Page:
South Korea pushed ahead Friday to cancel the licenses of 10 "autonomous private high schools" despite strong protests from the elite institutions and parents.
Education Minister Yoo Eun-hae gave consent to regional education offices' decision to deprive eight schools in Seoul and one in Busan of their special status as they failed to pass recent performance assessments, the ministry said. They will turned into regular schools next year.
Vice Education Minister Park Baeg-beom (Yonhap)
One school in Seoul applied for such conversion voluntarily.
"The ministry decided to consent to the cancellation of the designation of eight schools in Seoul and Haeundae High School in Busan as autonomous private high schools, because the procedures and content of the achievement evaluation by the Seoul and Busan education offices were legitimate," Vice Education Minister Park Baeg-beom told reporters.
The schools and parents have protested the cancellation. The nine schools have said they would file lawsuits against what they call unfair and opaque assessments.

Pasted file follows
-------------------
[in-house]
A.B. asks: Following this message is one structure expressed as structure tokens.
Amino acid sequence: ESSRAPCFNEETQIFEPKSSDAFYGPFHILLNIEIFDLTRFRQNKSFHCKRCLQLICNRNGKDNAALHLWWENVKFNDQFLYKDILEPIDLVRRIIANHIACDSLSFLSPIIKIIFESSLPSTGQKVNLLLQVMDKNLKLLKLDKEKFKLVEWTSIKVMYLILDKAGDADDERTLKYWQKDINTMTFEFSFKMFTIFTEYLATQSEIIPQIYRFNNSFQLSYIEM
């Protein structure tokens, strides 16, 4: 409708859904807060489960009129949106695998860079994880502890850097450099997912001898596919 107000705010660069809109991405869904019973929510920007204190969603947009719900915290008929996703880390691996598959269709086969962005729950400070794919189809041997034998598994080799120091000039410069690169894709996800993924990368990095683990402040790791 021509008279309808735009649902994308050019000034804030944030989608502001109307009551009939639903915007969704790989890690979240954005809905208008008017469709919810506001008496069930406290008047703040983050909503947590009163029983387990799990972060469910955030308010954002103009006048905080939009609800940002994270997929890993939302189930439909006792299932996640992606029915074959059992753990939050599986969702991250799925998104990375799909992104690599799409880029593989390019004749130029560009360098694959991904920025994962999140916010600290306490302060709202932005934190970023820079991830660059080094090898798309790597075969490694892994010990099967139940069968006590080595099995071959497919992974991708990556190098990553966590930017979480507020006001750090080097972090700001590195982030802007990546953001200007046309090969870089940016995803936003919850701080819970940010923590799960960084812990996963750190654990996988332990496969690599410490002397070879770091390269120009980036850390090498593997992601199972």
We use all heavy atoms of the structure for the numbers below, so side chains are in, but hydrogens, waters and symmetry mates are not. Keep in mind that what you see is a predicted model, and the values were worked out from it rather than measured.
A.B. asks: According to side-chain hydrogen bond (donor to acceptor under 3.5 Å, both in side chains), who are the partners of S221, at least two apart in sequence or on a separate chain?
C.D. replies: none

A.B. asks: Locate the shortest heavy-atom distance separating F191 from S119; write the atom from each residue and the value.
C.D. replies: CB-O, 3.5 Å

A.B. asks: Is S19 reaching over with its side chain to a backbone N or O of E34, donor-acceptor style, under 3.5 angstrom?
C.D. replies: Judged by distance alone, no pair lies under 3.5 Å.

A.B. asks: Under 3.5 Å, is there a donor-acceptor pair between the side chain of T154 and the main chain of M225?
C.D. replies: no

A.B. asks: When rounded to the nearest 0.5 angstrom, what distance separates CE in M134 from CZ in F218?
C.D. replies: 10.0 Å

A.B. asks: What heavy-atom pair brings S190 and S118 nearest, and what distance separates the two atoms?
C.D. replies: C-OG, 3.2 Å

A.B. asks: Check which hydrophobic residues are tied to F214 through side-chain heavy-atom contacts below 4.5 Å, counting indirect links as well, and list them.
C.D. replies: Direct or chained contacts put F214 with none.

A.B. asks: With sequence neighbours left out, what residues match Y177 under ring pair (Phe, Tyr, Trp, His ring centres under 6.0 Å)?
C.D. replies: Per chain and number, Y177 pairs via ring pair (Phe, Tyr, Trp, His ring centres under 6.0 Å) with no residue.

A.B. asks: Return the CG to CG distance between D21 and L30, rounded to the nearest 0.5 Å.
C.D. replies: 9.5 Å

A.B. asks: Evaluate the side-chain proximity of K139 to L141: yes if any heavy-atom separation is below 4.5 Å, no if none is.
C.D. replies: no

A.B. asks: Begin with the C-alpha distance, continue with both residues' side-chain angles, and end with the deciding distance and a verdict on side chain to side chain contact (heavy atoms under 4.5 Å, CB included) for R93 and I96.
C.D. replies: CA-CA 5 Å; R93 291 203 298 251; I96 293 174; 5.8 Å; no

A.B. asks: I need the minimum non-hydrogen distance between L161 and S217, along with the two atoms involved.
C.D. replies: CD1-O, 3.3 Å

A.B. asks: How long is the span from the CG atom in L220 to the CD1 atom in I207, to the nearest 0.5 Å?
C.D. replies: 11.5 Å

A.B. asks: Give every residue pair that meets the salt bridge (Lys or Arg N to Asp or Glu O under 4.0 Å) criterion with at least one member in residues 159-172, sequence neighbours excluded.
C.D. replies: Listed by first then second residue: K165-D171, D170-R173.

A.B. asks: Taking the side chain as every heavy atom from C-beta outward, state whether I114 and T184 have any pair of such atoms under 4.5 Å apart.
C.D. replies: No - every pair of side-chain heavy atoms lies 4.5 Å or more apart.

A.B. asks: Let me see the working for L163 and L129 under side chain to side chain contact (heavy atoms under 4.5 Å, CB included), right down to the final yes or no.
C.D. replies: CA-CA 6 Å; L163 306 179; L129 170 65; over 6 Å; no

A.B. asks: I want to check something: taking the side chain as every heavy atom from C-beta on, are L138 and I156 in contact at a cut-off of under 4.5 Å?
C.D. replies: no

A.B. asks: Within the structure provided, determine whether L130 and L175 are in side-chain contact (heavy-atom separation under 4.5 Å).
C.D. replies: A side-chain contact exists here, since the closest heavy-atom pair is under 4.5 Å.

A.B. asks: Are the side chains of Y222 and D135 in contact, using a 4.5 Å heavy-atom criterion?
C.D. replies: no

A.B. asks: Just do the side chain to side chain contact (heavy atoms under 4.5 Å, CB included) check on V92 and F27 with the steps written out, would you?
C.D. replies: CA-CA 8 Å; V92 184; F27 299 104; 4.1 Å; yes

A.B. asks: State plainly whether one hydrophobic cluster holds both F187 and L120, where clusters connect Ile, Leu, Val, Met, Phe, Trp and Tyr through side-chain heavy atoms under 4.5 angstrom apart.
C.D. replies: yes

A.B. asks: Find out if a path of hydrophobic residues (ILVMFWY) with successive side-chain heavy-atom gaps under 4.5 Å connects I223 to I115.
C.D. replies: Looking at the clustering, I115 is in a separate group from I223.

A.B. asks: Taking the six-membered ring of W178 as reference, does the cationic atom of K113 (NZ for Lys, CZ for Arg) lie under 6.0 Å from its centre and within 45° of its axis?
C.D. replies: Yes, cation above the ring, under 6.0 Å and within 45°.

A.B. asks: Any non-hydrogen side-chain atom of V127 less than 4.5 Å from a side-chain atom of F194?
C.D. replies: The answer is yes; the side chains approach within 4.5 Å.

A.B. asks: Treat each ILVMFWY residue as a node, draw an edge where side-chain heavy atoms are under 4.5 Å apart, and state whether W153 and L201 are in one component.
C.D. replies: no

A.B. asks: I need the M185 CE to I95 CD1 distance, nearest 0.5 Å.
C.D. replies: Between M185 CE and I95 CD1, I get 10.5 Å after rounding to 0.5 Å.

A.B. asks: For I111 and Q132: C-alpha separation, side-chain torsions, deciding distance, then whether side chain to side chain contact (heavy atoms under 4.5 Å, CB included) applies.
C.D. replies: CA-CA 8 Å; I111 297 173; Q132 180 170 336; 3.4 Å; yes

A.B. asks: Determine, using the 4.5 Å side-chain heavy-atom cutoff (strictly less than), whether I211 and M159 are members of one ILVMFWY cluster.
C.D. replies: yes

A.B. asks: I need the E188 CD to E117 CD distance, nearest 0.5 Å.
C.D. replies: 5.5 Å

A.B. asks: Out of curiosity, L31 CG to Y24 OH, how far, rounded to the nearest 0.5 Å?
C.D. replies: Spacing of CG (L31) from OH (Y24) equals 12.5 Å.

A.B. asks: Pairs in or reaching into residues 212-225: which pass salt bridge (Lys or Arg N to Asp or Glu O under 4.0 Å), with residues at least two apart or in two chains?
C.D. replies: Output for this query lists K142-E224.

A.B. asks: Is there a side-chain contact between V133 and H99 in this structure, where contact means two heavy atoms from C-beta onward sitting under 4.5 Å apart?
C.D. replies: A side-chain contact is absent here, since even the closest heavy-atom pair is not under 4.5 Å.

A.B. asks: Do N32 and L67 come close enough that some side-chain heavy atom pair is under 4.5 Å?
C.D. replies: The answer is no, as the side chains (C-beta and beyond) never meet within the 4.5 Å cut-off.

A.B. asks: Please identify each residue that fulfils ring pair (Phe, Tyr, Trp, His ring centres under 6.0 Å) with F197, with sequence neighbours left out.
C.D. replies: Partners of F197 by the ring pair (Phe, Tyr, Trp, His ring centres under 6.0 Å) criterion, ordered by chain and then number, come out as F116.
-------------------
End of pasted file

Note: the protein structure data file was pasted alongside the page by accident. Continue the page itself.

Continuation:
The liberal Moon Jae-in government has promised to abolish the elite category of high schools, which it says deepens education inequality and undermines efforts to improve public education.
Currently, 42 autonomous private high schools are in operation across the country. They must pass an achievement test every five years in order to have their license extended. In 2019, 24 schools were subject to evaluation.
The ministry has decided this year to turn a total of 12 such schools into general institutions. Ten were deprived the status after they got failing grades in the tests. Another two schools requested revocation of their licenses due to financial problems.
Last month the education minister overturned a local education chief's decision to drop a school in the southwestern city of Jeonju from the elite school list. (Yonhap)